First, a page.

• Few things in the world are scarier than having a sick child in a remote place.  Also the jungle makes everything scarier.
  • For $40 you can get an excellent children’s doctor to take a quick break from the hospital and come meet you across the street in his private clinic for medical care.
  • For another $10 you can get three different medications from the pharmacy.
  • It cost $70 and four hours round trip to make it to the city to obtain these medical services.
  • I grew up in a town with a totally awesome name: Kalamazoo.  I just found one in Ecuador with an even better name: Jipijapa.
  • Country folk is country folk, no matter where you go.
  • How in God’s name are there so many kinds of fruit I’ve never heard of and several that apparently have no name besides, “Kind of like an orange”, or, “Kind of like a tomato” (translation: nothing like a tomato)?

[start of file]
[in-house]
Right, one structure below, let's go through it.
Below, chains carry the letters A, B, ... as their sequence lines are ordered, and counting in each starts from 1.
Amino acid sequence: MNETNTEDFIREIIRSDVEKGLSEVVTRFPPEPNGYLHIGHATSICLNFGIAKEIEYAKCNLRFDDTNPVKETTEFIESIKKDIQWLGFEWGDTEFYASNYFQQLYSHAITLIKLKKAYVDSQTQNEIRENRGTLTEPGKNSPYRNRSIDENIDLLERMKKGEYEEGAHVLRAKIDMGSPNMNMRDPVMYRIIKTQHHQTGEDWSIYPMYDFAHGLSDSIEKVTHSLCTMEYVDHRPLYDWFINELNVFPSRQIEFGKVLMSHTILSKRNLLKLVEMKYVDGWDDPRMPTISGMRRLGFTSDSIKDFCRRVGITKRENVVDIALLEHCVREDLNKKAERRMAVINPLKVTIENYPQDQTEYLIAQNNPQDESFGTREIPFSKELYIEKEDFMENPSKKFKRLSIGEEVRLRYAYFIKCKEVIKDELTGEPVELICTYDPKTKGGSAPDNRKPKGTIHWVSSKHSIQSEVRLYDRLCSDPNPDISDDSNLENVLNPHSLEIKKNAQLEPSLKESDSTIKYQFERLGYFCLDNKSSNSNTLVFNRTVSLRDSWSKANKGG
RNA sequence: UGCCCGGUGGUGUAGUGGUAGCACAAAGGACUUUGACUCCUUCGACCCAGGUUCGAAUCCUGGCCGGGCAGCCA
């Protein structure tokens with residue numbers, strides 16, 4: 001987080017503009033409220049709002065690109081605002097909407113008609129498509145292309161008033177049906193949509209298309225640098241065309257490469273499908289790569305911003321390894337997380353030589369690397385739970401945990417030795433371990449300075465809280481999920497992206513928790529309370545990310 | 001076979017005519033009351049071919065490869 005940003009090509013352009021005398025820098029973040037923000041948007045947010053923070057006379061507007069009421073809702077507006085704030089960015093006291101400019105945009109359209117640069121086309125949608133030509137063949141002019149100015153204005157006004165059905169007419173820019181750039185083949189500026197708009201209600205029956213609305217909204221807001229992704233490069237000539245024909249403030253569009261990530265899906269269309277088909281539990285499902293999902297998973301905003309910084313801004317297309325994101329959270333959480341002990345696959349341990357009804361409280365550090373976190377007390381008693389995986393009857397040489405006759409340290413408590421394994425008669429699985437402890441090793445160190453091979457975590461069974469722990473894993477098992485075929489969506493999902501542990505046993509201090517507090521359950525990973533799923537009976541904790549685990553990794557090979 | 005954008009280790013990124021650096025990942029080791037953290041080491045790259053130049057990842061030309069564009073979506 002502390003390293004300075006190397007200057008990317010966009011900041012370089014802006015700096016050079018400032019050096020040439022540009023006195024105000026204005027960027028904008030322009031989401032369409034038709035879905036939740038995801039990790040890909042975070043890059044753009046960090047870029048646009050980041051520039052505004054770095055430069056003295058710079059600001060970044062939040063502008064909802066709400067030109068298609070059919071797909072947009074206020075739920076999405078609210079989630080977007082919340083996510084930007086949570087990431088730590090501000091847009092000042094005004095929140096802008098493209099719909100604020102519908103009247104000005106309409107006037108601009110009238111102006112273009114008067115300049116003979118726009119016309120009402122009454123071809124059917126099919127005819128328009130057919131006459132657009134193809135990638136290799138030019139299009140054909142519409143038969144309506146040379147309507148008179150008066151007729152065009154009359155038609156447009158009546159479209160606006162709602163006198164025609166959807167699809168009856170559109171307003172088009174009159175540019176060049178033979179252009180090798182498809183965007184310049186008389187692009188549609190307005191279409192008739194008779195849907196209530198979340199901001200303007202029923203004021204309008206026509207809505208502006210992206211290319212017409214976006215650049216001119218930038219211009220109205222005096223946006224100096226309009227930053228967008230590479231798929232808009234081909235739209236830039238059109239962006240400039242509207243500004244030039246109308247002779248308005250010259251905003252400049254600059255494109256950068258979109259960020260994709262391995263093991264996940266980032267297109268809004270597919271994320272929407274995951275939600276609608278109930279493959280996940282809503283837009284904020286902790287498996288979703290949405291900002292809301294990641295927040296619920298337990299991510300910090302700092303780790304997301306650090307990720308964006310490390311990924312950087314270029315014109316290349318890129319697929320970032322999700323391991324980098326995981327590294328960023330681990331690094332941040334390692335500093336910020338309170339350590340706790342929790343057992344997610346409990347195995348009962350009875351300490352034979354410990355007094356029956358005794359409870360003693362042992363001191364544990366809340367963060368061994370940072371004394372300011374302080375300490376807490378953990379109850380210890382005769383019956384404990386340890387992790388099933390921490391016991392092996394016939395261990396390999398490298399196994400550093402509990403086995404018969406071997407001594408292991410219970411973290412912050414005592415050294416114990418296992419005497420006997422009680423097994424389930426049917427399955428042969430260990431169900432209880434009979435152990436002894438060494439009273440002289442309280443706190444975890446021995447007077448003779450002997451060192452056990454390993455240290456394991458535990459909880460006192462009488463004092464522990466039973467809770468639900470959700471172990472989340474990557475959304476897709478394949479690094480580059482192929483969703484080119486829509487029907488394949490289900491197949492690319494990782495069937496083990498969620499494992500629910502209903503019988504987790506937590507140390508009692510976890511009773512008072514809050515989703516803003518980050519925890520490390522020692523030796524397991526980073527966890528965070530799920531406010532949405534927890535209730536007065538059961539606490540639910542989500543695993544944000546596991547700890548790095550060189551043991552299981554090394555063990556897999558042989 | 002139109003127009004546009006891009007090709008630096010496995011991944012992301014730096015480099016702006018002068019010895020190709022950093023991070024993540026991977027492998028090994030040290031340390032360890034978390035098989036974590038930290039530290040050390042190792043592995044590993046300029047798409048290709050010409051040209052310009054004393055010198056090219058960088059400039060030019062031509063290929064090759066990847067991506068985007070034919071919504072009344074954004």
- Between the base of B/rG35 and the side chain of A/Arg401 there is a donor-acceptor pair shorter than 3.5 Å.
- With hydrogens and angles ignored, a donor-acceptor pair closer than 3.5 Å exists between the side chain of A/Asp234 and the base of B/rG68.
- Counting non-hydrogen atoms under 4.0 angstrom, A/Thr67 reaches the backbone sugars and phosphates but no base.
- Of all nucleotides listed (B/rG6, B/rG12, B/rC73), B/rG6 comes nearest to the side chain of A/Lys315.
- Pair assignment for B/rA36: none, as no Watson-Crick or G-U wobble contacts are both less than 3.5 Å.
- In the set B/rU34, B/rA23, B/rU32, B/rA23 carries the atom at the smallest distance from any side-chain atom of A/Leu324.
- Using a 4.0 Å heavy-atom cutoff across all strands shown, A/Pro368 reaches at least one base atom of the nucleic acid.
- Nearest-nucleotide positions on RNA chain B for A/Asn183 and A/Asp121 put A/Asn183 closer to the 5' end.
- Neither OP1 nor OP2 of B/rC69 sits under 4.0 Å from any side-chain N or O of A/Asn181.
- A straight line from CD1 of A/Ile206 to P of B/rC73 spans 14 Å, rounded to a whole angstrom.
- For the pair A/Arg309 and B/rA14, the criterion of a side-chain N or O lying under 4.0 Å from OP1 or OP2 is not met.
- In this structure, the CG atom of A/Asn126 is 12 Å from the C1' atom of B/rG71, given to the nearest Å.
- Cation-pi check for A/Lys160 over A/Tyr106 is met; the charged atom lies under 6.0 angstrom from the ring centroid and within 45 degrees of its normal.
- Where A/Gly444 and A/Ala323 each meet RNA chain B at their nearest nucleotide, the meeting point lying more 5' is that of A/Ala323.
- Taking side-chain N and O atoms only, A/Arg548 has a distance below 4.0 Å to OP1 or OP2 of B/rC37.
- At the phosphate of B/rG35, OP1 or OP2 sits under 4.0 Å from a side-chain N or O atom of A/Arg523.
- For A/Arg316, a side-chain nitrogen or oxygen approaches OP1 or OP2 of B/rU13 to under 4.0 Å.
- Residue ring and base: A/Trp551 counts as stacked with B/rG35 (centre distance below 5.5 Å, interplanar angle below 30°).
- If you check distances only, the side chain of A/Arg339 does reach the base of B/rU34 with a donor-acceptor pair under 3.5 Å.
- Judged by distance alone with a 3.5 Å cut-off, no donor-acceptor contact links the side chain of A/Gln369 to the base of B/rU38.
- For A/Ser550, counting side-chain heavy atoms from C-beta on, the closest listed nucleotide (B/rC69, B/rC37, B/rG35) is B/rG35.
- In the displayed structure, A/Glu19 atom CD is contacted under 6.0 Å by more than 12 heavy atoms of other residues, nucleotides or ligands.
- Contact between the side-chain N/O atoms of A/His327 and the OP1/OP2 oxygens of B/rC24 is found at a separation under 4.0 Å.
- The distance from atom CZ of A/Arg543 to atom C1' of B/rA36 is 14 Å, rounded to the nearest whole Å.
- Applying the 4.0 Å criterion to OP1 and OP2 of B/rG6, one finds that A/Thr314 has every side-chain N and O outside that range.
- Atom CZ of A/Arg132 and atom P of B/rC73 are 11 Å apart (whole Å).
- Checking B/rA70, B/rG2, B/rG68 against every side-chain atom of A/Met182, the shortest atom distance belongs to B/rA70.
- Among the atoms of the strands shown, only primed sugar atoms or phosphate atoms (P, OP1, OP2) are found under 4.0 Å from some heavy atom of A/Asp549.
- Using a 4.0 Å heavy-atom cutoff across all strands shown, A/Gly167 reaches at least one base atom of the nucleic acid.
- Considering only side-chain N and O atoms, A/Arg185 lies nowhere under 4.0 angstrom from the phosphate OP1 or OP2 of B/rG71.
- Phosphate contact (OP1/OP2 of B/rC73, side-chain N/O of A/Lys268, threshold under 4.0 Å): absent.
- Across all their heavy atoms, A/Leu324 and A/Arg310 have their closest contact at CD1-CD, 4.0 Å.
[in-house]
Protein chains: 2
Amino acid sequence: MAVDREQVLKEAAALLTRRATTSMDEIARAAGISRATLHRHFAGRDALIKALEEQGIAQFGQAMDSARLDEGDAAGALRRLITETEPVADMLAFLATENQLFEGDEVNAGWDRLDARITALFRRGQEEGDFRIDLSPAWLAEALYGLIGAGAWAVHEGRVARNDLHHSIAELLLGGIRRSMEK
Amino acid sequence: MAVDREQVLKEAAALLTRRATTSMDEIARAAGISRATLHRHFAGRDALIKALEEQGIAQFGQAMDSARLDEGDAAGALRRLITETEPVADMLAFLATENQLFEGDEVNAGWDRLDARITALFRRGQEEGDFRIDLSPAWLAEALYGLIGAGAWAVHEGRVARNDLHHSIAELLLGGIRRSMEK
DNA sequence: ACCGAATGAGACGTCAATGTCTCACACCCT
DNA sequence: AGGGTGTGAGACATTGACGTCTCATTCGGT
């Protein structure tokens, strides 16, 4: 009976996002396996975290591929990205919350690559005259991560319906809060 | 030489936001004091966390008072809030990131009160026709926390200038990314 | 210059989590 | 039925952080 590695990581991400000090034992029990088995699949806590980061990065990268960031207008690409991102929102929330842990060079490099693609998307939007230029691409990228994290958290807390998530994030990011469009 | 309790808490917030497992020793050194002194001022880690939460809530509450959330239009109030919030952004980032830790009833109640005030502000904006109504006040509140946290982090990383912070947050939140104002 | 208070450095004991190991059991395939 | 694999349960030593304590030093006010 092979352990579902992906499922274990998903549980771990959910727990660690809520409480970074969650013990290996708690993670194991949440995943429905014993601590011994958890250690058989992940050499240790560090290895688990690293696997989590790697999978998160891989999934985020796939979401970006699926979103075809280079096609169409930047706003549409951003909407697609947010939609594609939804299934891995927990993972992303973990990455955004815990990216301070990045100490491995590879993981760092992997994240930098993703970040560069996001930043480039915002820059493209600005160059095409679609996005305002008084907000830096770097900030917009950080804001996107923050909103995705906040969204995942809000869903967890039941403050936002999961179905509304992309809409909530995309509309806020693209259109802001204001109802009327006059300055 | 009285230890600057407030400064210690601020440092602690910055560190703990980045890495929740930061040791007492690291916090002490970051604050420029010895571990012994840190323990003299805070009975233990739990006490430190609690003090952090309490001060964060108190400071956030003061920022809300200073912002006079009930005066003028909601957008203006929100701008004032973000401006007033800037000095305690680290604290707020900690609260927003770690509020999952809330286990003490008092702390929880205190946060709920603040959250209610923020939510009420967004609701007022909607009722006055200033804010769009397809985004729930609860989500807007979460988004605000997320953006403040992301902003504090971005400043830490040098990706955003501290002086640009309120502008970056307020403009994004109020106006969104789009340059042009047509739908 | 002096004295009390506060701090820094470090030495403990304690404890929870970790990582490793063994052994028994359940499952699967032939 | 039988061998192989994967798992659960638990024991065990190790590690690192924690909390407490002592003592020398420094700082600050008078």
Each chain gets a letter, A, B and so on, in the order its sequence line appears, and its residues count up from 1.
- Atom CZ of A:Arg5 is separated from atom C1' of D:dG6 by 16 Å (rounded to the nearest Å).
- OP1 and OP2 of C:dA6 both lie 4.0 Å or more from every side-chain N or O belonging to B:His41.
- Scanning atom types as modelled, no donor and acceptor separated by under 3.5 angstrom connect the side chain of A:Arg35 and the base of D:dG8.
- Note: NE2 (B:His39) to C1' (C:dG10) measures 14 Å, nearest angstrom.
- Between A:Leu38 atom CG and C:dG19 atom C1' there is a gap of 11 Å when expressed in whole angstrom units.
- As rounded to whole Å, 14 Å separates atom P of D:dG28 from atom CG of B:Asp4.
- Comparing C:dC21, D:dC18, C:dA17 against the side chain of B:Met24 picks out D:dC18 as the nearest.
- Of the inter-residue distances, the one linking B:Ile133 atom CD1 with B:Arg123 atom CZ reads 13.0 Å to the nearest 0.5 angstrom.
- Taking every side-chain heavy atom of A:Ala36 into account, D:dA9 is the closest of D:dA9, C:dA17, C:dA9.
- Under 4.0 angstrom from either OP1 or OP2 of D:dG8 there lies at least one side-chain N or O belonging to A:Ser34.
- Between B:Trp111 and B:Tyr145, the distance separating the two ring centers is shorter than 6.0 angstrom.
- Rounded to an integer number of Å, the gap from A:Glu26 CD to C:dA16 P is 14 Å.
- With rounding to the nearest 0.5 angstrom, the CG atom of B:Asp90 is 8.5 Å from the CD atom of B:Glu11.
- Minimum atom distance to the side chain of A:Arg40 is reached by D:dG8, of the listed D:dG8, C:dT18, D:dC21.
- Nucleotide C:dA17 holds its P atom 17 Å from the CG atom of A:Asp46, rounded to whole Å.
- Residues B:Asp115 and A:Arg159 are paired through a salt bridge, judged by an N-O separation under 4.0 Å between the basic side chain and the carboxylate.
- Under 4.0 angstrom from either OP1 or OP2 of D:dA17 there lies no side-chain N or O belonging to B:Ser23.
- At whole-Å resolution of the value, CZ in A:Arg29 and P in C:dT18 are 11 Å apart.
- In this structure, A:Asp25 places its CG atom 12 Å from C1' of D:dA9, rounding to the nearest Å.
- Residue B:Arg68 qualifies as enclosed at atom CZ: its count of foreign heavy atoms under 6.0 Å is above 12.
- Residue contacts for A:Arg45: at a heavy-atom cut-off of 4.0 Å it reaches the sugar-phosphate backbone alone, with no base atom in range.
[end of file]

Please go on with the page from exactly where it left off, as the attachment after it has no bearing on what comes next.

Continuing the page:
• Never have I felt the sheer stupidity of the “buy local” concept more than as a visitor to another country where signs everywhere urge, “CUANDO VAYAS A COMPRAR, PRIMERO ECUADOR!”  As an outsider, and one who is eager to exchange with people in this wonderful place it feels even more petty, inbred, and moronic than when I encounter “Buy American”, or, “Buy local” back home, which I’ve become more numb to.  Free trade is awesome.  Nativism is stupid. Always and everywhere.